So, why the new standard? Dodd explains: “Implementing ISO 45001 makes perfect sense because it provides a framework for managing occupational health and safety risks in a proportionate and proactive way with the aim of providing safe and healthy workplaces that prevent work-related injury and ill health to workers and continually improving OH&S performance.” He adds that the key aspects of ISO 45001 that enable all this to be achieved are related to “leadership, consultation and participation of the workforce and processes for hazard identification, assessment of risks and opportunities together with resources, competence, operational control, performance evaluation and continual improvement”.
Embracing the challenges
The migration from one standard to the other will carry its own challenges. However, Marcus Long, Chief Executive at the Independent International Organization for Certification (IIOC), says that the work involved in putting together ISO 45001, through the collaboration of some of the world’s best health and safety brains, has produced a “fabulous” and “world-class” document that will deliver benefits to all involved.
He says that implementing the new standard will be easier for organizations that use other ISO management system standards – such as the ISO 9001 and ISO 14001 quality and environmental standards – as they have the same structure. He suggests that “the core of the world’s leading management system standard, ISO 9001, is the best advice to implementing the new standard: Plan-Do-Check-Act”.
Certified organizations have three years to move from OHSAS 18001 to ISO 45001 and Long cautions that time can be the greatest challenge. He urges organizations not to be complacent, saying: “Resources are finite so good planning will deliver the best results.”
Catherine Montagnon, of INRS, France’s National Institute for Research and Security for the prevention of occupational accidents and diseases, is Convenor of ISO/CASCO Joint Working Group 48, which is run in cooperation with project committee ISO/PC 283 on occupational health and safety. As well as being responsible for the development of technical specification ISO/IEC TS 17021-10, Competence requirements for auditing and certification of occupational health and safety management systems, which was published in conjunction with ISO 45001, she is Head of the French delegation in ISO/PC 283’s working group WG 1 set up for the development of ISO 45001. Montagnon explains that developing ISO 45001 has been a long, difficult challenge: “More than one hundred experts have been discussing, arguing, for five years, to come to an acceptable text.”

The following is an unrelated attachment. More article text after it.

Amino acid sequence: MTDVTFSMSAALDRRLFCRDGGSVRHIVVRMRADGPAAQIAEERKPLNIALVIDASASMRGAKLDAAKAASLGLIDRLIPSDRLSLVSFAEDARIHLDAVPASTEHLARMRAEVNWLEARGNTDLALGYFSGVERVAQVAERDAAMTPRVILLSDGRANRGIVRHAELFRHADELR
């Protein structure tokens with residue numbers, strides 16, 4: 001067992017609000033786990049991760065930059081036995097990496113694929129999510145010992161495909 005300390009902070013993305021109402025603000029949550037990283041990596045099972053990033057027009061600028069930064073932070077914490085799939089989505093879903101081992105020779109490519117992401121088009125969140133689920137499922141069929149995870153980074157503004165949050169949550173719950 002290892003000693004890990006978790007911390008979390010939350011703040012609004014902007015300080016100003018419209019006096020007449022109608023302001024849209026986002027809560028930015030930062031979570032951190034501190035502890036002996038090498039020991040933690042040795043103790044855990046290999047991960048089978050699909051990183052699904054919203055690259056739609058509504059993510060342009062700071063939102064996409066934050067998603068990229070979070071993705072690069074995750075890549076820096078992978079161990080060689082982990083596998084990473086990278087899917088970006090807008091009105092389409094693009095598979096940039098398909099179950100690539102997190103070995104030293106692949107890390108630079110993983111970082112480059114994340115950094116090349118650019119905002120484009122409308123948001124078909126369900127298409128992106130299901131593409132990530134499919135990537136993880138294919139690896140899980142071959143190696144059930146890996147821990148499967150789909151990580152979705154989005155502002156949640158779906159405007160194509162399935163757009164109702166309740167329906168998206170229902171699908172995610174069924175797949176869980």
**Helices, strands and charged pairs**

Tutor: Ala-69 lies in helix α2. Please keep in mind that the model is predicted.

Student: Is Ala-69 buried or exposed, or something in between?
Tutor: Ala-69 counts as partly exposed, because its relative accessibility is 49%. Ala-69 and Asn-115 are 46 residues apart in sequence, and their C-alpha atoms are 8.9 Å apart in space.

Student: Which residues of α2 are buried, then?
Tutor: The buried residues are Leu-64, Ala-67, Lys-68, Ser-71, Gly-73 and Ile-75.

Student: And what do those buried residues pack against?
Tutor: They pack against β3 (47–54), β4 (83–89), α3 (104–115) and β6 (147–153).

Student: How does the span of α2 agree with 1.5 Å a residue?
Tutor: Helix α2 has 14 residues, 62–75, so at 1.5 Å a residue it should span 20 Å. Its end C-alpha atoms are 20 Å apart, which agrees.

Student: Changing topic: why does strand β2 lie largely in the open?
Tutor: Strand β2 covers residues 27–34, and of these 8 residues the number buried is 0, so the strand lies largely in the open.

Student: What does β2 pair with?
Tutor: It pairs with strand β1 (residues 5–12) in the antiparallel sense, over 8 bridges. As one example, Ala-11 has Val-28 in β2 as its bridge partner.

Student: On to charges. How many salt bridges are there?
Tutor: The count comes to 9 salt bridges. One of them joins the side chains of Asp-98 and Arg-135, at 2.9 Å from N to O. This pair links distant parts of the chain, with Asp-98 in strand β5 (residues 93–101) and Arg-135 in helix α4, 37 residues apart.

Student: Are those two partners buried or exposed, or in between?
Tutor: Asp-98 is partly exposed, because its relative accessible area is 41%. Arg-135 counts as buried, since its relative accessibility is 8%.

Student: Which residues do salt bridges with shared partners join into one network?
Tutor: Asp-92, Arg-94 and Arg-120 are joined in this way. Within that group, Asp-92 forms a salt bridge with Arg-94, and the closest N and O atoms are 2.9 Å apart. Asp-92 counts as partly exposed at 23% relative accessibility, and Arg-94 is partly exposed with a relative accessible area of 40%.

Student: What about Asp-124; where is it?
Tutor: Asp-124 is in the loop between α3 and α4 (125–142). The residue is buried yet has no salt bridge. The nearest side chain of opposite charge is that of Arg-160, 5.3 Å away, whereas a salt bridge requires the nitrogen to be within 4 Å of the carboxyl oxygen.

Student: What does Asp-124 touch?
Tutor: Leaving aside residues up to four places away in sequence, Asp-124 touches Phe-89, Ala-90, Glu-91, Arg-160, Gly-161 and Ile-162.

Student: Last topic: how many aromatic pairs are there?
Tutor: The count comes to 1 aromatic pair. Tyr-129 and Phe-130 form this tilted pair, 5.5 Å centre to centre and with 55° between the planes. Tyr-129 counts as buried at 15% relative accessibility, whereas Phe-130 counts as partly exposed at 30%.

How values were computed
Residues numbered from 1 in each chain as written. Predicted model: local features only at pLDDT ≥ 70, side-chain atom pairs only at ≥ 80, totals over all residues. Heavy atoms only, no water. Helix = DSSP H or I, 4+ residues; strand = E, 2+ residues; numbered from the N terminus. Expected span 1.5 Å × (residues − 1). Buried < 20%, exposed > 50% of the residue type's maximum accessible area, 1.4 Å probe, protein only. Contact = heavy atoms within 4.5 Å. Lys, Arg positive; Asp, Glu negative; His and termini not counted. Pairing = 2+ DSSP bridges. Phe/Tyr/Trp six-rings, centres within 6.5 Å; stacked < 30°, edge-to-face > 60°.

She believes that the new standard brings “strengthened measures to eliminate hazards and minimize risks according to a hierarchy of control”. However, she points out that certification alone will not lead to an improvement of health and safety in the workplace but to the commitment of top management in occupational health and safety performance. “The improvement of working conditions requires a global approach based on the strengthening of social dialogue and the involvement of workers at all levels. Workers and worker representatives should contribute to the identification of potential improvements, to risk assessment and should participate in the development and implementation of an action plan,” she says.
A clearer message
Another benefit of the new standard, Montagnon says, is in its “broad definitions of workers and workplace and precise text on purchasing (contractors and outsourcing) that should really enable companies to procure health and safety workplaces and working conditions to every person working ‘for’ them”.
She cautions, however, that globalization and changing national economic structures make it difficult to “strengthen occupational health and safety culture all over the world”. She spells out the risks and opportunities: “The risk is a disparity and increasing discrepancies between countries. The risk is also an approach focused on the needs and expectations of well-represented countries (such as the US, Canada, Europe and Australia) and not aligned with the needs and expectations of other countries. The opportunity, however, is an occupational health and safety culture supported by new means of communication vectors and clear messages on a proven return on investment, as well as a standard that specifies internationally recognized requirements for an occupational health and safety management system.”
Long sums it up like this: “The maximum benefits of ISO 45001 will be gained by those organizations that implement the new standard seeking to make it work for their organization and not just to gain the certificate, however valuable that is.” So while sleep pods, free bowls of apples and Pilates classes may help, clearly, much more needs to be done. Migration to the new ISO 45001 is a huge step in the right direction.